Suicidal Thoughts: How to Overcome Destructive Thinking

If you find yourself preoccupied by suicidal thoughts, the first thing to remember is that you are not alone.  Many people have considered ending their lives at some painful point of their lives; the thoughts themselves are not as much of a problem, it’s the action, the self-destructive behavior that is the real danger.  So, consider suicidal thoughts a warning that your mind is giving you: you are in considerable amount of pain.  You may feel intense feelings of despair and hopelessness because it seems to you that you had lost control over your life and that things could never get better. You may feel that the only part where you still had some control in your life is whether you lived or died, and committing suicide seemed like the only option left.

However, this is never true. Statistics show that the majority of people who have attempted suicide and survived, ultimately felt relieved that they did not end their lives. Again, the suicidal thoughts are just an indication that you are in pain; however, hope and help is always on the way. Remember that however bad you are feeling, you have not always felt this way and your feelings will change in the future.  That’s the whole trick: feelings are changeable, you may feel differently at different points of the same day; however, suicide is a permanent solution to a temporary problem.

So, let’s work together to learn how to overcome suicidal thoughts.  It’s a challenging task, but nonetheless doable.  Below are some suggestions:

1.      Become Aware of having Suicidal Thoughts.

Some of the thoughts that may accompany suicidal thoughts include:
• I want to escape my suffering.
• I have no other options.
• I am a horrible person and do not deserve to live.
• I have betrayed my loved ones.
• My loved ones would be better off without me.
• I want my loved ones to know how bad I am feeling.
• I want my loved ones to know how bad they have made me feel.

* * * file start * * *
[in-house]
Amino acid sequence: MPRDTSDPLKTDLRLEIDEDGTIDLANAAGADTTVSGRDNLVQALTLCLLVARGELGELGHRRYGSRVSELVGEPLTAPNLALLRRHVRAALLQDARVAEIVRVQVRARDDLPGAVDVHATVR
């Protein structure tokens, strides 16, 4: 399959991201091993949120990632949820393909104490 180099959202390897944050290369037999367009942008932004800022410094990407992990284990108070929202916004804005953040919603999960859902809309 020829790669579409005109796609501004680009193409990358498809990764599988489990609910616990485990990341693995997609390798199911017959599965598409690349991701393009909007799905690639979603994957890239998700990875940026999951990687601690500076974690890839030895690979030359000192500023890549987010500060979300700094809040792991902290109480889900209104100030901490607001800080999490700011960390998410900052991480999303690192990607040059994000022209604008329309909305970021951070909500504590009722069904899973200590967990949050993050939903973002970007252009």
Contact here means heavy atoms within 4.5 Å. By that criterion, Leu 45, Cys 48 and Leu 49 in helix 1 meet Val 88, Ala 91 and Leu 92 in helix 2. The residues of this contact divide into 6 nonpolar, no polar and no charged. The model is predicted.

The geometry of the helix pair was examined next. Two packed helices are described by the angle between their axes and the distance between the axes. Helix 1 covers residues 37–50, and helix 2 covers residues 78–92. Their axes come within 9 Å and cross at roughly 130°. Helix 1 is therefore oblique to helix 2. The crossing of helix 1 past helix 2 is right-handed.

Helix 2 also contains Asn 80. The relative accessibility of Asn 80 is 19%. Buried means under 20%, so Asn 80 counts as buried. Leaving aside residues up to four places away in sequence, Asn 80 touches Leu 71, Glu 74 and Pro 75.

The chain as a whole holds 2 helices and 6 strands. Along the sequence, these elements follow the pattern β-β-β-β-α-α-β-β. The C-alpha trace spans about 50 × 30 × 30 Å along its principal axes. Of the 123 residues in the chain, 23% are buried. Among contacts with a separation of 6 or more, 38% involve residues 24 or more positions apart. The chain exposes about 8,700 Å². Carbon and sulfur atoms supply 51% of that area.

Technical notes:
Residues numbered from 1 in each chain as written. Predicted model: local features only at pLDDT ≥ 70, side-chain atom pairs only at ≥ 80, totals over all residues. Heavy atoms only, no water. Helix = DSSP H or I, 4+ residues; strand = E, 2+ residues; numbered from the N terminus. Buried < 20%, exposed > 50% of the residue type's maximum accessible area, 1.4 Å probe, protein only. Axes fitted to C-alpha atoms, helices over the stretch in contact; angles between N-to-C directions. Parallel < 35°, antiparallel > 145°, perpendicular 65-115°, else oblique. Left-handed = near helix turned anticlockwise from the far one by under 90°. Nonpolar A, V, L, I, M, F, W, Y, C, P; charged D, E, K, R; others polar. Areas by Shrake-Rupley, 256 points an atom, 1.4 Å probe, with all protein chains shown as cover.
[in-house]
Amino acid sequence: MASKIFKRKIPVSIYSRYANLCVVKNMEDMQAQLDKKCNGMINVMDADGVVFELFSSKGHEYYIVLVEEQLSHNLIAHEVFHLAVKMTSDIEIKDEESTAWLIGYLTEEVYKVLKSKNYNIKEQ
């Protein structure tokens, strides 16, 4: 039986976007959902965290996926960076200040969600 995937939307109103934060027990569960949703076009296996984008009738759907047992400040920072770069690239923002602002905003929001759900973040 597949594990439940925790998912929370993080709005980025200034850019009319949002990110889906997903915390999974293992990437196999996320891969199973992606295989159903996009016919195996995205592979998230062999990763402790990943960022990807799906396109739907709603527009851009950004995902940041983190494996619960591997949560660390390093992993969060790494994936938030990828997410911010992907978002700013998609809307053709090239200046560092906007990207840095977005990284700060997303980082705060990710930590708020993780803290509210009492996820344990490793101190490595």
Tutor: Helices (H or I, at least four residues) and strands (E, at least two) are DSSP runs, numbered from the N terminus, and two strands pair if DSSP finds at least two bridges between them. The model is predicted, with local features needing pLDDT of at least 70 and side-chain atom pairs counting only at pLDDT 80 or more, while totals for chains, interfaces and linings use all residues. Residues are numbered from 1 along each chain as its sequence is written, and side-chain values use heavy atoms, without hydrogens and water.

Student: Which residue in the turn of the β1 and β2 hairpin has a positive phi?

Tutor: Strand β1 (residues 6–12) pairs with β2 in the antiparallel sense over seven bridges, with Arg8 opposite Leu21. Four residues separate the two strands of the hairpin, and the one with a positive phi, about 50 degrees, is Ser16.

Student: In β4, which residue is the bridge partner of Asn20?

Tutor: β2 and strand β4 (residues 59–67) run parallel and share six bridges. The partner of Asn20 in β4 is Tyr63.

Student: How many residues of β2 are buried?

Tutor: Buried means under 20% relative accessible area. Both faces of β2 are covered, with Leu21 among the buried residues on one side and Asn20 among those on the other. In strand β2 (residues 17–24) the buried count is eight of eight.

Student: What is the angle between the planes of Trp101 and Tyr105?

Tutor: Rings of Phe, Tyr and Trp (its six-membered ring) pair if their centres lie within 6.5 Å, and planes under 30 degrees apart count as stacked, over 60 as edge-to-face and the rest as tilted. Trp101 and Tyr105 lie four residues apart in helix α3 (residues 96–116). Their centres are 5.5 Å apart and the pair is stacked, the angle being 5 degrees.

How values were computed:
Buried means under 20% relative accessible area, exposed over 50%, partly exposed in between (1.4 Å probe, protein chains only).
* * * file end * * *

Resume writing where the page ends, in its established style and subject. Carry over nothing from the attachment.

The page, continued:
2.      Remove the Means to Commit Suicide

 For example, give pills and sharp objects to someone for safekeeping, or put them in a locked or otherwise inaccessible place.

 3.      Remove the Opportunity to Commit Suicide

 The surest way of doing this is by remaining in close contact with one or more people, for example, by inviting them to stay with you. Share your thoughts and feelings with these people, and don’t be reluctant to let them help you. If no one is available or no one seems suitable, there are a number of emergency telephone lines that you can ring at any time. You can even ring for an ambulance or take yourself to an Emergency Room.

4.      Do Not Use Alcohol or Drugs

 Alcohol or drugs can make your behavior more impulsive and, thereby, significantly increase your likelihood of attempting suicide. In particular, do not drink or take drugs alone, or end up alone after drinking or taking drugs.

5.      Practice Self-Care

 This is a time to take extra good care of yourself.  Make sure you eat regularly, sleep, get some fresh air and avoid people or situations that bring you stress.  Remember that something as simple as getting a few nights of good sleep can give you a different perspective on your situation.

 6.      Identify what’s Important to You in Life

Make a list of the things that have so far prevented you from committing suicide, e.g., “My kids need me”, “My parents rely on me to take care of them,” “What I’m doing at my job is important,” etc.  Keep the lists on you, and read them to yourself each time you are overwhelmed by suicidal thoughts.